Kenya Simbas coach is from family of rugby players

Sunday November 12 2017

Kenya Simbas coach Jerome Paarwater laughs during an interview with Nation Sport on November 6, 2017 at Rose Mystica along Ngong Road. PHOTO | CHRIS OMOLLO | NATION MEDIA GROUP

Kenya Simbas coach Jerome Paarwater laughs during an interview with Nation Sport on November 6, 2017 at Rose Mystica along Ngong Road. PHOTO | CHRIS OMOLLO | NATION MEDIA GROUP 

By AYUMBA AYODI
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Jerome Paarwater was born 50 years ago in Bellville, South Western Cape, and comes from a big and tight rugby family of six brothers and six sisters.

Paarwater is the second youngest of the brothers, who all played rugby. 

Paarwater grew up in a rugby atmosphere. His father Jacobus started a rugby club called Bellville in South Western Cape, where his mother Rosina ended up building a stadium that is now named in her honour (Rosina Paarwater Stadium). It’s the only stadium named after a woman in South Africa.

Back then there was no rugby stadium in Bellville and it’s the influence of Jerome’s mother as the deputy mayor of the city that she worked hard to get a rugby stadium with proper facilities for the town. Paarwater would end up marrying Cheryn, the daughter of his coach Doucie Dyres. Together with Cheryn, they have two children - son Joel (20) and daughter Eden (18). Joel is in Western Province’s Under-21 rugby team.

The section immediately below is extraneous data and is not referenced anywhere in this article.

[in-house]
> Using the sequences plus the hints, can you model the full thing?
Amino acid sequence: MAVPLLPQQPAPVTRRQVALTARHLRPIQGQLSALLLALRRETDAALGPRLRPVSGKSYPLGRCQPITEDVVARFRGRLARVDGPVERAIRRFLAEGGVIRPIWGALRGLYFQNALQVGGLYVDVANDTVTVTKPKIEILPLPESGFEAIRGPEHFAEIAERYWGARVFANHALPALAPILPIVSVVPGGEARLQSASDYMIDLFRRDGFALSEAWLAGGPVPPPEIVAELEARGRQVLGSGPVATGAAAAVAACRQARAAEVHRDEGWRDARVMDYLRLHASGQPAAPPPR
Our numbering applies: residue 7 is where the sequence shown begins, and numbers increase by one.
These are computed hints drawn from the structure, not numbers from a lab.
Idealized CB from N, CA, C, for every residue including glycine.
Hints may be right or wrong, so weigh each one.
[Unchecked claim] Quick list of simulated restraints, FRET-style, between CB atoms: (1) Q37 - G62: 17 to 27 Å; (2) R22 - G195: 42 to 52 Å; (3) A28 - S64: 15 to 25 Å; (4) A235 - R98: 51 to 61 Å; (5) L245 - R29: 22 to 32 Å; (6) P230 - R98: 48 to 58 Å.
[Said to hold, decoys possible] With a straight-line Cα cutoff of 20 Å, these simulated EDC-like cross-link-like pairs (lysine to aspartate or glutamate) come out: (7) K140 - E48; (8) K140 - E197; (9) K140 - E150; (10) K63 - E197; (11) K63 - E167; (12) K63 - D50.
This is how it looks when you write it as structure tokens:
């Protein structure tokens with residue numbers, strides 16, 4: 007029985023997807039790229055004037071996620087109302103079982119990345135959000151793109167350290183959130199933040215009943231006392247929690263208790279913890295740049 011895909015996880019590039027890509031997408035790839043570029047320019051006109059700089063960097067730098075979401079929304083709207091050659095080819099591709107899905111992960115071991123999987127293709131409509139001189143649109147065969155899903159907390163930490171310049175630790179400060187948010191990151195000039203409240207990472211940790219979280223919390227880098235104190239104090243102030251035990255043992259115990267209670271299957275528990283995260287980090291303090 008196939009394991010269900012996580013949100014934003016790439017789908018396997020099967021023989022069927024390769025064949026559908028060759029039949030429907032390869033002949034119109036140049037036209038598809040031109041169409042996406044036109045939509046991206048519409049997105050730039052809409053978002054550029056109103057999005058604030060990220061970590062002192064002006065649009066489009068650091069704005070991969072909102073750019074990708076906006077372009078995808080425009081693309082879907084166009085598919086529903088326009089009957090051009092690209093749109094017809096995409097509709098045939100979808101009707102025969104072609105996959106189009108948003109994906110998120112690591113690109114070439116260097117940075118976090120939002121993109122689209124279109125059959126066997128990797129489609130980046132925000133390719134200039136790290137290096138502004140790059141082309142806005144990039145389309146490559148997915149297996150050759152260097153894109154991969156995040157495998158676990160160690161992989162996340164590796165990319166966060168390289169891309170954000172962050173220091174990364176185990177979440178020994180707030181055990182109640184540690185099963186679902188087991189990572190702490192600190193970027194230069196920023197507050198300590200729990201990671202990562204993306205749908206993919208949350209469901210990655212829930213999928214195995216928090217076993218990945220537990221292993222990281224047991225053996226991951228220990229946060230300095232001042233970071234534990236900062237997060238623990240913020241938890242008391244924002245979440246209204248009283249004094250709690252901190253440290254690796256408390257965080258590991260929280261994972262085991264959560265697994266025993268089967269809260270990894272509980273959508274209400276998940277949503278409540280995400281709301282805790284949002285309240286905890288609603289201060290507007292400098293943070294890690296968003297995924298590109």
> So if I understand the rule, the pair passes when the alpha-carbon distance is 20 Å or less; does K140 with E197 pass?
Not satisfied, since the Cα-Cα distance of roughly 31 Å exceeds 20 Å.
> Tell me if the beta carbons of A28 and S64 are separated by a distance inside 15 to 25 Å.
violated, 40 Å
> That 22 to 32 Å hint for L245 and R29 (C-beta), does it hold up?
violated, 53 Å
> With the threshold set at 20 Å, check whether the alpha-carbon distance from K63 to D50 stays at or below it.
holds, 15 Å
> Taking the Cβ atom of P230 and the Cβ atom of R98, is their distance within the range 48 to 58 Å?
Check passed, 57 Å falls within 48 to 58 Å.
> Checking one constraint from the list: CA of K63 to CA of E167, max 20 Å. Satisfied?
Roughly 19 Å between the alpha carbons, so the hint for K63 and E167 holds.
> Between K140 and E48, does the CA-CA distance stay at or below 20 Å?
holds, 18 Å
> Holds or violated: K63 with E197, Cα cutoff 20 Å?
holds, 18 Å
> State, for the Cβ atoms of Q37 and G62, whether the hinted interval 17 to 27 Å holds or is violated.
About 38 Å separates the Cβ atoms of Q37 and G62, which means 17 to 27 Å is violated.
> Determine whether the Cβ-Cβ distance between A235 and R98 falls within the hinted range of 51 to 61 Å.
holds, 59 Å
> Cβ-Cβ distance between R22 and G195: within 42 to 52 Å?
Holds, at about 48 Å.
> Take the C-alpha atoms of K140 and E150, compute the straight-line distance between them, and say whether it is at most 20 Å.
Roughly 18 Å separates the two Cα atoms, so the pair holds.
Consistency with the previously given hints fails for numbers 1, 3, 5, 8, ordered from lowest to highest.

“I grew up in the apartheid era both at school and rugby, and that made me stronger and tough,” says Paarwater, who got to set goals in life from a young age. “You simply can’t do it without the family support. With the support of my mother, father and brothers, I grew up doing the right things and stayed on the right path.”

In 1988, Paarwater, at 20, played his first unofficial Test match for South Africa with Chile, Paraguay and Uruguay. “It was tough then. We couldn’t fly freely owing to apartheid as South Africa wasn’t officially back yet on international sporting scene,” says Paarwater.

He remembers the difficulties Springboks went through due to apartheid while travelling via London where they stayed for three days en route to South America. 

“We were forced to travel in groups of five as we pretended not to know each other. We couldn’t stay at same hotel or have breakfast as a team. We did it in groups of three pretending we didn’t know each other,” says Paarwater, who went on to play against Fiji, Tonga and Samoa in 1992 for a total of six unofficial Test matches for South Africa.

Paawater also played professional rugby for Piacenza RFC in Italy between 1994-1996 where helped the club gain promotion to the Super 8 series. In 1999, he went back to the club to lead them to victory in Italian Championship and in Heineken Cup in 2001 as a coach.

“It’s sad that despite having schools playing rugby in Kenya, the country still doesn’t have development structures like in South Africa where we have university and secondary school leagues," says Paarwater.